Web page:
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Private sector accepts N60,000 minimum wage – MAN DG

Private sector accepts N60,000 minimum wage

The organised private sector has agreed to the Federal Government’s proposal for a new minimum wage of N60,000. This announcement was made by the Director General of the Manufacturing Association of Nigeria (MAN), Segun Ajayi-Kadri, during an interview with Channels Television on Saturday, June 1.

Ajayi-Kadri noted that current negotiations between the government, private sector, and organised labour are centered on establishing a minimum wage, not a living wage. He highlighted the significant economic challenges faced by both labour and businesses, which complicate meeting the wage demands of labour unions.

“These are challenging times for minimum wage negotiations,” Ajayi-Kadri stated, emphasizing the difficult macroeconomic conditions both domestically and globally. He pointed out that the tripartite group—comprising the government, labour, and organised private sector—recognizes the complexities of the current economic environment.

The Director General explained that the proposed N60,000 is a minimum wage, often referred to as a “walk-in wage,” intended for the lowest-paid workers in the country. This amount is distinct from the N419,000 living wage requested by some labour unions, which he described as unfeasible given the economic constraints.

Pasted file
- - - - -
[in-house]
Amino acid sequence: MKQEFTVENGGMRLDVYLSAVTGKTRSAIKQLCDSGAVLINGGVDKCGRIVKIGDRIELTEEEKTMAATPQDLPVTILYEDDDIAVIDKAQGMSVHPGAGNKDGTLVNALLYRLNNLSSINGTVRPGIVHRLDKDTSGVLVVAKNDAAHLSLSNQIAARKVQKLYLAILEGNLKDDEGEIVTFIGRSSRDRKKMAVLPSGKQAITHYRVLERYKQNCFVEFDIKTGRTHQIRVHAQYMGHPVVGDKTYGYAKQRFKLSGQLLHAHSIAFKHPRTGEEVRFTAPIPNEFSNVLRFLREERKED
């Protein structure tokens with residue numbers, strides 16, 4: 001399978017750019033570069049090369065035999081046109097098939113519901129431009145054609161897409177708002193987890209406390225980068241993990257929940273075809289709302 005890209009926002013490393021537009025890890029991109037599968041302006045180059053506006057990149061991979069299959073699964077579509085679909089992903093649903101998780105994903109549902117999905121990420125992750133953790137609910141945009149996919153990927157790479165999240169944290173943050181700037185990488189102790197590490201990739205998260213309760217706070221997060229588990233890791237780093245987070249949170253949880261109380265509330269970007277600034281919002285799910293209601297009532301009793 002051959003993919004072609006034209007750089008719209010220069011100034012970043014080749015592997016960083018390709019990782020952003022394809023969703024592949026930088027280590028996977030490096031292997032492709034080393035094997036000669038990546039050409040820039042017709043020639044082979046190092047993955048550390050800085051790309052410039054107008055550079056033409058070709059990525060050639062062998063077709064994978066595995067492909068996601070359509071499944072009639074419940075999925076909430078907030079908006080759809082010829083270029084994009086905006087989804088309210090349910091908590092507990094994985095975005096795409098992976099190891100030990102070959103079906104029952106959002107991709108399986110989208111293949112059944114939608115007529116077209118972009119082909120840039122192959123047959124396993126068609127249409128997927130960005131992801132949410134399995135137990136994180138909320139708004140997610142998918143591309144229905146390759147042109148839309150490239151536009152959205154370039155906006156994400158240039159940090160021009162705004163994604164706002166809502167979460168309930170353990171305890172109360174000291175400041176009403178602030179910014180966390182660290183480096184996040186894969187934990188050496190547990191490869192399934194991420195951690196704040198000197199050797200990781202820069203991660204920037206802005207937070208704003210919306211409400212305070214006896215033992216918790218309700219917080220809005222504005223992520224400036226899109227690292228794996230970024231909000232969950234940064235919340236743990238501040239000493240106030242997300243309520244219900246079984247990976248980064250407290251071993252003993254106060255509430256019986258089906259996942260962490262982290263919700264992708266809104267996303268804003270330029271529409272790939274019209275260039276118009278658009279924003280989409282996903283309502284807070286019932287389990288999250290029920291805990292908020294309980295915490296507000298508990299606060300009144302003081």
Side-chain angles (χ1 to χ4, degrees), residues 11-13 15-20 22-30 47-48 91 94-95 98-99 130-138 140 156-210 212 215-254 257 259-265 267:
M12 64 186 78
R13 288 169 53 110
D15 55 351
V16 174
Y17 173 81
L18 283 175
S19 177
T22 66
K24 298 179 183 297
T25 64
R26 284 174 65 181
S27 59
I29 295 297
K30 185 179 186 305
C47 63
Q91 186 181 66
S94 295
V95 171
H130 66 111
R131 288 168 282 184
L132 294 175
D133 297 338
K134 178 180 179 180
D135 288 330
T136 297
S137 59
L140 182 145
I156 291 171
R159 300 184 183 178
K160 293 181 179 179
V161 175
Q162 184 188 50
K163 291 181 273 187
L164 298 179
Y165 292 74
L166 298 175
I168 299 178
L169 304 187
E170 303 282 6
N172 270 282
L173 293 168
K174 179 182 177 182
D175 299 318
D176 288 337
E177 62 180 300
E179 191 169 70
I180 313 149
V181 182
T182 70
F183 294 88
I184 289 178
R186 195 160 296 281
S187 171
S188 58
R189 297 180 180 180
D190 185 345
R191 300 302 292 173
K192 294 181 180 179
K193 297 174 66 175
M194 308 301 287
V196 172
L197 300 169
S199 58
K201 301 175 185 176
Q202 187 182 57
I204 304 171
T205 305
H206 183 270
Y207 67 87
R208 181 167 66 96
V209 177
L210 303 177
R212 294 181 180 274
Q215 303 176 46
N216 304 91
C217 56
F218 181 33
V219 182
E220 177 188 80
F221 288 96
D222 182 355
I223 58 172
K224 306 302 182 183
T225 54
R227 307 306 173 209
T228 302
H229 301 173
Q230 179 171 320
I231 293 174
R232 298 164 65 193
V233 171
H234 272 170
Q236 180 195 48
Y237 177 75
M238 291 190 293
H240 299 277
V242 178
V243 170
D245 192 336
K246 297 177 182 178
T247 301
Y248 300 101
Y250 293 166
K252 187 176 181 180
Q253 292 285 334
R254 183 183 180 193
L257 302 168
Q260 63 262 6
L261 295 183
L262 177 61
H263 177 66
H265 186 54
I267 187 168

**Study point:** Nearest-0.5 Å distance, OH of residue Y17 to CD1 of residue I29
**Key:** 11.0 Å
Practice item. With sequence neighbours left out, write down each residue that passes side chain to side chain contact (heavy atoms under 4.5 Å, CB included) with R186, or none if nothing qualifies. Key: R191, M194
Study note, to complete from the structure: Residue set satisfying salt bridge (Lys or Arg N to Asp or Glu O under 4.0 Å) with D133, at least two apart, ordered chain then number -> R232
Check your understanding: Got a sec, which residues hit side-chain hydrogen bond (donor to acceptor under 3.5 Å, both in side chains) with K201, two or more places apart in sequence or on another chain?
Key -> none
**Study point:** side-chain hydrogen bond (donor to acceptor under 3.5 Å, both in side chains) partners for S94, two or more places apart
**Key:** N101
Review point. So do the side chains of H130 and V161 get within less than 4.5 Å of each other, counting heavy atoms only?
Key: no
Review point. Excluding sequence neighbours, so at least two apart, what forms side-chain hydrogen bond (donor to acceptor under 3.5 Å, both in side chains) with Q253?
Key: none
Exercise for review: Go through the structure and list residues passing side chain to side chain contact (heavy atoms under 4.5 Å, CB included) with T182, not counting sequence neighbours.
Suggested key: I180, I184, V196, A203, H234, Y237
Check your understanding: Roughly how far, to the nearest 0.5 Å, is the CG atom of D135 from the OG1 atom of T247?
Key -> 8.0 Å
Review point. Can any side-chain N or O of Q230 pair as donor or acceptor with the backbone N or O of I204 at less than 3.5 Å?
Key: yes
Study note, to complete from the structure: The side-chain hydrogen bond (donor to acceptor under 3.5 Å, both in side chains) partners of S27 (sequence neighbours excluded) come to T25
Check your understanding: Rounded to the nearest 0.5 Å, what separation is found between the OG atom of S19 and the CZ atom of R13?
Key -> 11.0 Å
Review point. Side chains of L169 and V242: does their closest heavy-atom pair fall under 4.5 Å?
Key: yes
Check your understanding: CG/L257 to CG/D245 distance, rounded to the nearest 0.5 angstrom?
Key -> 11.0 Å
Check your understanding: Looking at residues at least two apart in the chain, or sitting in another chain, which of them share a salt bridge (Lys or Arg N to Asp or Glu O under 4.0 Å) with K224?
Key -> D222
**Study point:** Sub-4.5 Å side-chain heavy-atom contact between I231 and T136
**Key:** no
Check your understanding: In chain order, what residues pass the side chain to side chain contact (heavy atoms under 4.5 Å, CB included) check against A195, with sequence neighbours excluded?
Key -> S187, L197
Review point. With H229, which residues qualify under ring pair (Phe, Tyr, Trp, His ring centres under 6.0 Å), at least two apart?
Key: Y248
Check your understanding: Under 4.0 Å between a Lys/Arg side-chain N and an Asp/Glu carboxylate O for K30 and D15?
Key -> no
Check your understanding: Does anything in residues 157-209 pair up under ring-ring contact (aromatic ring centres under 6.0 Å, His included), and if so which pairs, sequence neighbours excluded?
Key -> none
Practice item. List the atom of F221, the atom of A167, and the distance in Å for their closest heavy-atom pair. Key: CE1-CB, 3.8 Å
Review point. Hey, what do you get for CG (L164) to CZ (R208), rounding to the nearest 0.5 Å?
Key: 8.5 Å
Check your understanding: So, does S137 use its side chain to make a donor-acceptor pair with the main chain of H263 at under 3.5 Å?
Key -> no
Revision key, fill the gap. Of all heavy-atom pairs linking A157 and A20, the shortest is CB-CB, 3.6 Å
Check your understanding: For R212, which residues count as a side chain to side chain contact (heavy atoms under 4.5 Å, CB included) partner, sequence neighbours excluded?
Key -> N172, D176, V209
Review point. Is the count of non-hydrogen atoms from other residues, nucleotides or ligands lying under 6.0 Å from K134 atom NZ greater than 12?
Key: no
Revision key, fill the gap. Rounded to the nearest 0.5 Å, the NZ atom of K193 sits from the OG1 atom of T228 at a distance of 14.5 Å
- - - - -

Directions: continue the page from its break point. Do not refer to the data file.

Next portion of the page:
Ajayi-Kadri stressed that this is not the ideal time for labour to push for a new minimum wage. Instead, he urged collaboration among stakeholders to strengthen the economy. “We must acknowledge the government’s limited capacity to pay and the private sector’s struggles with microeconomic, infrastructure, and security challenges,” he said.

He also acknowledged the pressure on labour from its constituencies to demand higher wages due to soaring inflation and a tough operating environment. Despite this, he argued that the focus should be on economic growth rather than immediate wage increases.

Ajayi-Kadri appealed to organised labour to reconsider its decision to embark on a nationwide strike, warning that such actions could harm the economy. He lamented labour’s rejection of the N60,000 offer and their subsequent decision to strike, urging continued dialogue instead.

“We cannot afford to cripple the economy; we need to build it,” he remarked. Ajayi-Kadri echoed President Tinubu’s sentiment that the current times require belt-tightening and prudent economic management. He called on the government to demonstrate leadership and sensitivity in its expenditures and decisions.

He concluded by stressing the importance of engagement and negotiation, stating, “Walking out and declaring a strike will not solve this issue.”

This Article is Fact-Checked. See Policy.

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